Mrs. Smith gifts $50,000 to her son, Joe. Mrs. Smith lends Joe $50,000. Joe agrees to pay Mrs. Smith the $50,000 back over a period of seven months at the rate of approximately $7,000 a month.

The gift of $50,000 causes Mrs. Smith to be ineligible for Medicaid benefits for a period of seven months. During that seven-month period of time, Mrs. Smith uses her income ($3,000) and the $7,000 monthly payment from the promissory note to pay her $10,000 a month nursing home bill. At the end of the seven-month period, Mrs. Smith is eligible for Medicaid benefits and Joe Smith retains the $50,000 that was gifted to him. Joe can now use the $50,000 to supplement Mrs. Smith's care.

Now, there is a good deal of federal court case law that says planning is not illegal and is, in fact, something that many people engage in doing. For instance, few people in this country would begrudge someone who plans to pay less in income tax. Similarly, courts do not look down on people simply because they plan to qualify for Medicaid benefits. Or, at least, courts shouldn't.

In my case, I initially received a good decision from three federal judges sitting on a federal appeals court panel, which supported my position. Later, that same court, with three different judges, rendered a decision that contradicted the court's first decision. If that's confusing to you, you're not alone because it was/is confusing to me.

But a recent decision of a federal district court in Oklahoma supports the use of promissory notes as a Medicaid planning technique. Looking at the law, not at the goodness or badness of Medicaid planning, the court held that the promissory note was valid, meaning that the technique discussed above would work. A colleague of mine is currently litigating a promissory note case in federal court in New Jersey. Time will tell if the Oklahoma case will have any power to persuade a New Jersey federal judge.


A recent decision of the Superior Court of New Jersey, Appellate Division, was the source of an interesting discussion among elder law attorneys. The case is entitled Matter of Rizzo.

Essentially, the facts of the case are these: The Bergen County Board of Social Services filed an action in the Superior Court of New Jersey to have Fred Rizzo declared to be an incapacitated individual. Bergen County wanted the Office of the Public Guardian--a government office that will serve as an individual's guardian under certain circumstances-appointed as Fred Rizzo's guardian.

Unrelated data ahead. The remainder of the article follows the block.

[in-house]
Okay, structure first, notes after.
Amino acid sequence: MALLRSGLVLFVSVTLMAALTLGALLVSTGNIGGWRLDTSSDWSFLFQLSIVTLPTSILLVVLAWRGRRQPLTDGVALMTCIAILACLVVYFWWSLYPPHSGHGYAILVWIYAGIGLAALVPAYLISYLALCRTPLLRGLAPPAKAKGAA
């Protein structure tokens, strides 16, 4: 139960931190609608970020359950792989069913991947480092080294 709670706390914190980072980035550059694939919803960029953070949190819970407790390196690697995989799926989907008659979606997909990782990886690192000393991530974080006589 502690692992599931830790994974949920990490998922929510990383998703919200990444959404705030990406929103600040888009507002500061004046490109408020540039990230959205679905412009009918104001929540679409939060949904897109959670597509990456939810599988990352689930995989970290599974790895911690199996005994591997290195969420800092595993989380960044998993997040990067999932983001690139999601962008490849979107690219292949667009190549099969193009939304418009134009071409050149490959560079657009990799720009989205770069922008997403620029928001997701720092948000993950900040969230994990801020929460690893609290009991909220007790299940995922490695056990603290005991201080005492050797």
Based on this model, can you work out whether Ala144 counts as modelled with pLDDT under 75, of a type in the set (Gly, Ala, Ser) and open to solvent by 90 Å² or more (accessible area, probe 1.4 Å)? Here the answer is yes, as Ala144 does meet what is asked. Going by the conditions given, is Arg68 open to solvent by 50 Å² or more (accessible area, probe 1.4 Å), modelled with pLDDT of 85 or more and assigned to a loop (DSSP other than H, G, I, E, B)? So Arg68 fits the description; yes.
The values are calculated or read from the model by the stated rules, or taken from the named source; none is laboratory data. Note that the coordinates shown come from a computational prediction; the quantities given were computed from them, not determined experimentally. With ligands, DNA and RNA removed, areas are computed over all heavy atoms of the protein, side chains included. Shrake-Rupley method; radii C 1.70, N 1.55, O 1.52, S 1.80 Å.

Fred Rizzo had a son, Douglas Rizzo. Fred Rizzo had signed a power of attorney document in favor of his son, Douglas, so Douglas had the ability to make financial decisions for Fred. Fred Rizzo, Douglas Rizzo, and Douglas Rizzo's family all resided together in Fred Rizzo's house. The house was Fred Rizzo's only asset.

After Bergen County filed the guardianship action, the court appointed a private attorney to serve as Fred Rizzo's counsel in the guardianship proceeding. The appointment of court-appointed counsel for an alleged incapacitated individual in a guardianship proceeding is standard operating procedure. Typically, court-appointed counsel is paid from the assets of the incapacitated person, but a court rule permits the court to order the payment of court-appointed counsel's fees as it deems appropriate. Obviously, this is a vague rule, as it permits a court to order anyone to pay the fees of the court-appointed counsel.

In the Rizzo guardianship, the court specifically found that Douglas Rizzo had not done anything wrong while acting as his father's power of attorney agent, and ultimately, the court named Douglas Rizzo, not the Office of the Public Guardian, as Fred Rizzo's guardian.

The court ordered that Fred Rizzo was responsible to pay the fees of his court-appointed counsel; however, the order also provided that if Fred Rizzo's estate were insufficient to pay the fees of his court-appointed attorney, then Douglas Rizzo would be responsible for the fees of Fred Rizzo's court-appointed counsel.

Now, this case was the point of discussion among elder law attorneys for several reasons. First of all, why did the Bergen County Board of Social Services file to have the Office of the Public Guardian appointed as Fred Rizzo's guardian when Fred Rizzo had, at least, one son, Douglas, and Fred Rizzo had named his son Douglas as his power of attorney agent? Typically, the Office of the Public Guardian will not serve as an individual's guardian when the individual has family members who are ready, willing, and able to serve.

In addition, when someone has a power of attorney, they typically do not need a guardian. Since Fred Rizzo had executed a power of attorney document naming his son, Douglas, as his power of attorney agent, why was a guardianship action even required? The court specifically found that Douglas had acted properly as Fred Rizzo's power of attorney agent, so wasn't the filing of the guardianship action by the county unnecessary? Given this fact, why weren't the fees awarded against the county, which appears to have overreacted and caused the Rizzo family money and angst by filing the guardianship action in the first place?